|Year : 2018 | Volume
| Issue : 1 | Page : 157-161
Incidental detection of hepatitis B and C viruses and their coinfection in a hospital-based general population in tertiary care hospital of Uttar Pradesh
Loveleena Agarwal1, Amit Kumar Singh1, Amitabh Agarwal2, Ravinder Pal Singh1
1 Department of Microbiology, Mayo Institute of Medical Sciences, Barabanki, Uttar Pradesh, India
2 Department of Physiology, Mayo Institute of Medical Sciences, Barabanki, Uttar Pradesh, India
|Date of Web Publication||30-Apr-2018|
Dr. Loveleena Agarwal
Department of Microbiology, Mayo Institute of Medical Sciences, Barabanki, Uttar Pradesh
Source of Support: None, Conflict of Interest: None
Introduction: Substantial proportion of liver diseases worldwide is caused by hepatitis B virus (HBV) and hepatitis C virus (HCV) infections which manifest not only as an acute illness but also lead to chronic sequelae. Together HBV and HCV cause chronic infection in more than 500 million persons and about one million deaths annually. Most of the people with chronic infection are not aware of the infection thus enabling it to go unnoticed, and undiagnosed and act as a potential source of infection for the community at large. Therefore, we aimed to find the prevalence of HBV and HCV in Barabanki, Uttar Pradesh among individuals attending the tertiary care hospital. Materials and Methods: From February 2015 to January 2016, 3750 patients attending the outdoor patient departments or admitted to the indoor patient departments of teaching hospital and advised to undergo HBV and HCV for screening before any invasive/surgical procedure were included in the study. Screening was done by rapid card test followed by the confirmation of all samples by enzyme immunoassay. Results: Seroprevalence of HBV and HCV was found to be 3.9% and 1.76% respectively with higher seroprevalence among males and in married participants in both infections. Blood transfusion is statistically a significant risk factor for HCV infection (P < 0.05). Coinfection with HBV/HCV was seen in 0.16% of the individuals visiting the hospital. Conclusion: Higher seroprevalence of HBV and HCV among the hospital-based population mandates screening of high-risk individuals. Awareness by health education of safe sexual practices and improved safety of blood and its products are among the most important preventive measures to control HBV and HCV infection.
Keywords: Coinfection, hepatitis B virus, hepatitis C virus, seroprevalence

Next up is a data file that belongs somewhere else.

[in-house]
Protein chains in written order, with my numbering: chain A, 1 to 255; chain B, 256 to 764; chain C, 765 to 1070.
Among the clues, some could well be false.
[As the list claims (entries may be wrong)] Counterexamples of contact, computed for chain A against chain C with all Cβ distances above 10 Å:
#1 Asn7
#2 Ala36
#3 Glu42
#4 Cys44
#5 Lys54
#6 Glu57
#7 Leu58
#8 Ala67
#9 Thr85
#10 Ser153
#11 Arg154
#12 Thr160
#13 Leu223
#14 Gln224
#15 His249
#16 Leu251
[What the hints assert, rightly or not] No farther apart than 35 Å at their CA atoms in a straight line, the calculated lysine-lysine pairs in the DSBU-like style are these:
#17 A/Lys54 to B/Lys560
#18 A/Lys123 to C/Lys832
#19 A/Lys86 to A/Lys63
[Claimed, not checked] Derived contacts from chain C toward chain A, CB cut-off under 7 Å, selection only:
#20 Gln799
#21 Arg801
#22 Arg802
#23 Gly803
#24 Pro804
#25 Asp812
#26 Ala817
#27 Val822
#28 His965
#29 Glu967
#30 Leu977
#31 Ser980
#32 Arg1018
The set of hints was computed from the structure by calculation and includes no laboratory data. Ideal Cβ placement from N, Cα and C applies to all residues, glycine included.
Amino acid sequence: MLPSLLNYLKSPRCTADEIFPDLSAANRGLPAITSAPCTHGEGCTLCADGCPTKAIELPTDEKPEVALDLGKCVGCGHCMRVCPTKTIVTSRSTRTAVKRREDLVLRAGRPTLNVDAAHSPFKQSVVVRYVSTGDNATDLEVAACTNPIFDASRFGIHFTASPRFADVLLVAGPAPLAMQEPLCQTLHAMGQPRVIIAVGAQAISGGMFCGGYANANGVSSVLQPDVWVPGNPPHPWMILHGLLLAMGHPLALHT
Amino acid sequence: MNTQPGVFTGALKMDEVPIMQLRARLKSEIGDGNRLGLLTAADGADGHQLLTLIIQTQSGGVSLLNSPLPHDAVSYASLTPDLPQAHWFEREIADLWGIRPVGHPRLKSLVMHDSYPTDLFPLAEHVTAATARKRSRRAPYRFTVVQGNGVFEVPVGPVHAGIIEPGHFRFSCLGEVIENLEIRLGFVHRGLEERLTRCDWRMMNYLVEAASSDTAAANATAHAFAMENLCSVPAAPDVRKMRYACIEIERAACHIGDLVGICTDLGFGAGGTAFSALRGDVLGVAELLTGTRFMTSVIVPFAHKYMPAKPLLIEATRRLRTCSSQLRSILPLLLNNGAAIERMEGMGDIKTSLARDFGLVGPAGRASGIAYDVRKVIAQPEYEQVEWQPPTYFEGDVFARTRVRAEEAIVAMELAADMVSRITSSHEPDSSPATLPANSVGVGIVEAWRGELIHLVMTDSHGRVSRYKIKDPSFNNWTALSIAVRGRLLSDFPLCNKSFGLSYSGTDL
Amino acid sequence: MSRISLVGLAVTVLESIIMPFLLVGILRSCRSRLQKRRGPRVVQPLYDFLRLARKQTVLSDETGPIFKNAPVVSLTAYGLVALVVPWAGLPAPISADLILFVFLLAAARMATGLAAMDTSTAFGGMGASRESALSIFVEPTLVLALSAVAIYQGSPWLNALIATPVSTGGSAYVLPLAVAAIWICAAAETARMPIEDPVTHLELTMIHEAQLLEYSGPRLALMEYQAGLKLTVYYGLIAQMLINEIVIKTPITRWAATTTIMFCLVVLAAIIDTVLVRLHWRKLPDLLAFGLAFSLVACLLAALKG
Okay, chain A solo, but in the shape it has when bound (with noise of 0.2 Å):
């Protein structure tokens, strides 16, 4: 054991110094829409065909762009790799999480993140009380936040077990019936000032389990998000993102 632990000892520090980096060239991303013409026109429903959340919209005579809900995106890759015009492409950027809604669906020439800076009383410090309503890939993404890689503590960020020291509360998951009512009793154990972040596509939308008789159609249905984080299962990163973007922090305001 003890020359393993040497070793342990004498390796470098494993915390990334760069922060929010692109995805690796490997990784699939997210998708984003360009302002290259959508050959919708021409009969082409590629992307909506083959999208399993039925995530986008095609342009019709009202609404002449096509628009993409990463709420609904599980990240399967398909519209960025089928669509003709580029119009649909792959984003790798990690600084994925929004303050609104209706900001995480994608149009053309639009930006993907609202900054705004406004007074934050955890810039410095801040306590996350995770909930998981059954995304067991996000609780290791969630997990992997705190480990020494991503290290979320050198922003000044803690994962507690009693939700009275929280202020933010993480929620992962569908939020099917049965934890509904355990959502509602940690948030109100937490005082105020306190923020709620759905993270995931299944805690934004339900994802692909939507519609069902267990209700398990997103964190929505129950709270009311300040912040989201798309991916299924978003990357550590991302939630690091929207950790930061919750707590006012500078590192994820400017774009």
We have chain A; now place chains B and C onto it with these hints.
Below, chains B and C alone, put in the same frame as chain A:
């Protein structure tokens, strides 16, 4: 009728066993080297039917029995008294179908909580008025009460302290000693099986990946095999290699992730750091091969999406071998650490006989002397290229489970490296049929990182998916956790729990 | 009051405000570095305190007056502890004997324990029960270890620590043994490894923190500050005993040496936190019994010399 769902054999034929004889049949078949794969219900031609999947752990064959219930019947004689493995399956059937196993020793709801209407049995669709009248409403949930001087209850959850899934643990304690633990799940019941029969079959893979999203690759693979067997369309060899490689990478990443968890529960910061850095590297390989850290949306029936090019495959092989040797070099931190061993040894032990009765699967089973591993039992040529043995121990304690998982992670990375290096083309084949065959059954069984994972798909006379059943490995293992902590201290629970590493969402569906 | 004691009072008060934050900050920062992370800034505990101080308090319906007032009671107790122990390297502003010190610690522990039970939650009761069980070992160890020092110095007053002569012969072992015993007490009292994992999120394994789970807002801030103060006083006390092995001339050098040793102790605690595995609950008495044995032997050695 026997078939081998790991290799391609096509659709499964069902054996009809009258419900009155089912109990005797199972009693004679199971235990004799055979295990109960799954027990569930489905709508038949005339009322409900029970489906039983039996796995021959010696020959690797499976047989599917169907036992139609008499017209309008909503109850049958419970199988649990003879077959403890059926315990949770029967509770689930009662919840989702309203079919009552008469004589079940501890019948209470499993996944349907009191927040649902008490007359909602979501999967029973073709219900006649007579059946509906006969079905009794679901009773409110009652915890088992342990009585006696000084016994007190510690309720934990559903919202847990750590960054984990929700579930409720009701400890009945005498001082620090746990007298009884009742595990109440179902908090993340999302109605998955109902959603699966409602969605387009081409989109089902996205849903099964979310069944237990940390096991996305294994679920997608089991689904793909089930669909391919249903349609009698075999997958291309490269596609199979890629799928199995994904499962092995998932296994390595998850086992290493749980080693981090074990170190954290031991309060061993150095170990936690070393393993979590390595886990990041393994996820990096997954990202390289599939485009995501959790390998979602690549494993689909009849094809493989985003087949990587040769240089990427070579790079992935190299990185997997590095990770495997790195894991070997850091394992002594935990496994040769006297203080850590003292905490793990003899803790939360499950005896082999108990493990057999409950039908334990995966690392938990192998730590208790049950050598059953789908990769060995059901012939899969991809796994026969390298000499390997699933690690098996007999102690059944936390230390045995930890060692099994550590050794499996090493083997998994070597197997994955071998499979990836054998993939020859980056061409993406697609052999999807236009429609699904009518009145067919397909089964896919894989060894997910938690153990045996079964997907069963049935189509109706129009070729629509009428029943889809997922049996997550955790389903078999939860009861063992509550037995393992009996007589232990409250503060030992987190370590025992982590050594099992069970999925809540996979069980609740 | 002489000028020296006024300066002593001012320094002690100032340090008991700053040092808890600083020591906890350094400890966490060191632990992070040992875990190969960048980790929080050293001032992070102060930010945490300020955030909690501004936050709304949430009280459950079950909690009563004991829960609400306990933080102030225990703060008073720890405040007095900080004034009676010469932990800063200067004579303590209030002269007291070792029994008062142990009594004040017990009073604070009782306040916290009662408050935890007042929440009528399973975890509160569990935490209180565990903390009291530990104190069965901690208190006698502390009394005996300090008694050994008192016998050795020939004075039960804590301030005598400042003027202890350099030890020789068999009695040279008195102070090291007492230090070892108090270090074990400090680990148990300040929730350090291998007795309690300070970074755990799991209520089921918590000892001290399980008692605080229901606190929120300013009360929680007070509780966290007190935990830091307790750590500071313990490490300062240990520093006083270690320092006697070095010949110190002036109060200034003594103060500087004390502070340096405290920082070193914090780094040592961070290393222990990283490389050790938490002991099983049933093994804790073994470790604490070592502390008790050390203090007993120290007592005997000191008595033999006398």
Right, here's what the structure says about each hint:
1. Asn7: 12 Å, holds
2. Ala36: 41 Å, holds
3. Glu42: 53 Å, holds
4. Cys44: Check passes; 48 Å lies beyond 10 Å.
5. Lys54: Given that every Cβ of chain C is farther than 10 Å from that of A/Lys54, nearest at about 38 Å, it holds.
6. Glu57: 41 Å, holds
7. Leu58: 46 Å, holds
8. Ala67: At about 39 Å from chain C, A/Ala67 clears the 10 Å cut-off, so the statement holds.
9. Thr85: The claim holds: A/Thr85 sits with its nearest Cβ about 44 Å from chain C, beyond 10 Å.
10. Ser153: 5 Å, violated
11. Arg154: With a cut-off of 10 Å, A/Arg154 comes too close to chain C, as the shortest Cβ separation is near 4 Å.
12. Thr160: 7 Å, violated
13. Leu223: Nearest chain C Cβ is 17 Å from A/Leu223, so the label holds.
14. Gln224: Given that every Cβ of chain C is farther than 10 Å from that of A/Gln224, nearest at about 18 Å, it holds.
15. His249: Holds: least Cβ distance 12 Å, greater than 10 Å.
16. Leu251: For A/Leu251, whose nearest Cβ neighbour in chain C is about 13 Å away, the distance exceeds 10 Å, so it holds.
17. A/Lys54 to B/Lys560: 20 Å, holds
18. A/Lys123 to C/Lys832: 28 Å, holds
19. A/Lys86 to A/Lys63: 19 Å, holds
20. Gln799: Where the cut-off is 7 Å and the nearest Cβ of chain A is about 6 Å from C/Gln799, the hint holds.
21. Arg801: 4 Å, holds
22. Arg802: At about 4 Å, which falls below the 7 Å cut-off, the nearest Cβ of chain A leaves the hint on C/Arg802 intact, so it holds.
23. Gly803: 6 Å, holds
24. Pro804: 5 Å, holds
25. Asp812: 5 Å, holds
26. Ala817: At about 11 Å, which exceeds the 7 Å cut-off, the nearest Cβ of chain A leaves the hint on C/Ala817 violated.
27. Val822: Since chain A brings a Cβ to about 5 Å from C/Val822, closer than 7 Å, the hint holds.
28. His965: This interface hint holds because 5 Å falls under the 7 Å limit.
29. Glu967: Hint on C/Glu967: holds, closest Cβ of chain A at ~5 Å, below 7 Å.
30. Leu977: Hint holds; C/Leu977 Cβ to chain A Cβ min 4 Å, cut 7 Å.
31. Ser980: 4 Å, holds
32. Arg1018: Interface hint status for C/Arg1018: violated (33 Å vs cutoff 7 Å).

|How to cite this article:|
Agarwal L, Singh AK, Agarwal A, Singh RP. Incidental detection of hepatitis B and C viruses and their coinfection in a hospital-based general population in tertiary care hospital of Uttar Pradesh. J Family Med Prim Care 2018;7:157-61
|How to cite this URL:|
Agarwal L, Singh AK, Agarwal A, Singh RP. Incidental detection of hepatitis B and C viruses and their coinfection in a hospital-based general population in tertiary care hospital of Uttar Pradesh. J Family Med Prim Care [serial online] 2018 [cited 2020 Aug 4];7:157-61. Available from: http://www.jfmpc.com/text.asp?2018/7/1/157/231555
| Introduction|| |
Hepatitis B virus (HBV) and hepatitis C virus (HCV) account for a substantial proportion of viral hepatitis, caused by either of the five hepatotropic viruses: A, B, C, D, and E. All of these viruses cause acute hepatitis showing symptoms of fatigue, loss of appetite, fever, and jaundice. The majority of the patients recover fully, but small proportion die due to acute hepatitis. Cirrhosis and hepatocellular carcinoma are common chronic sequelae of hepatitis B and C infections. Globally, around 500 million people with chronic hepatitis B and C are unaware of their infection thus enabling it to go undiagnosed, until the virus has caused serious liver damage. Together hepatitis B and C leads to nearly 80% of mortality among all patients of hepatocellular carcinoma and death among approximately 1.4 million people every year, thus, making it seventh leading cause of death worldwide.,,
India has around 40 million HBV carriers accounting 10%–15% of the entire pool of HBV carriers of the world. Progression to cirrhosis and hepatocellular carcinoma occurs in 15%–25% of the carriers and may become fatal in many cases. The risk of chronicity is more if the infection is acquired during infancy and childhood. In India, approximately, 1 million infants are at risk of becoming carriers every year.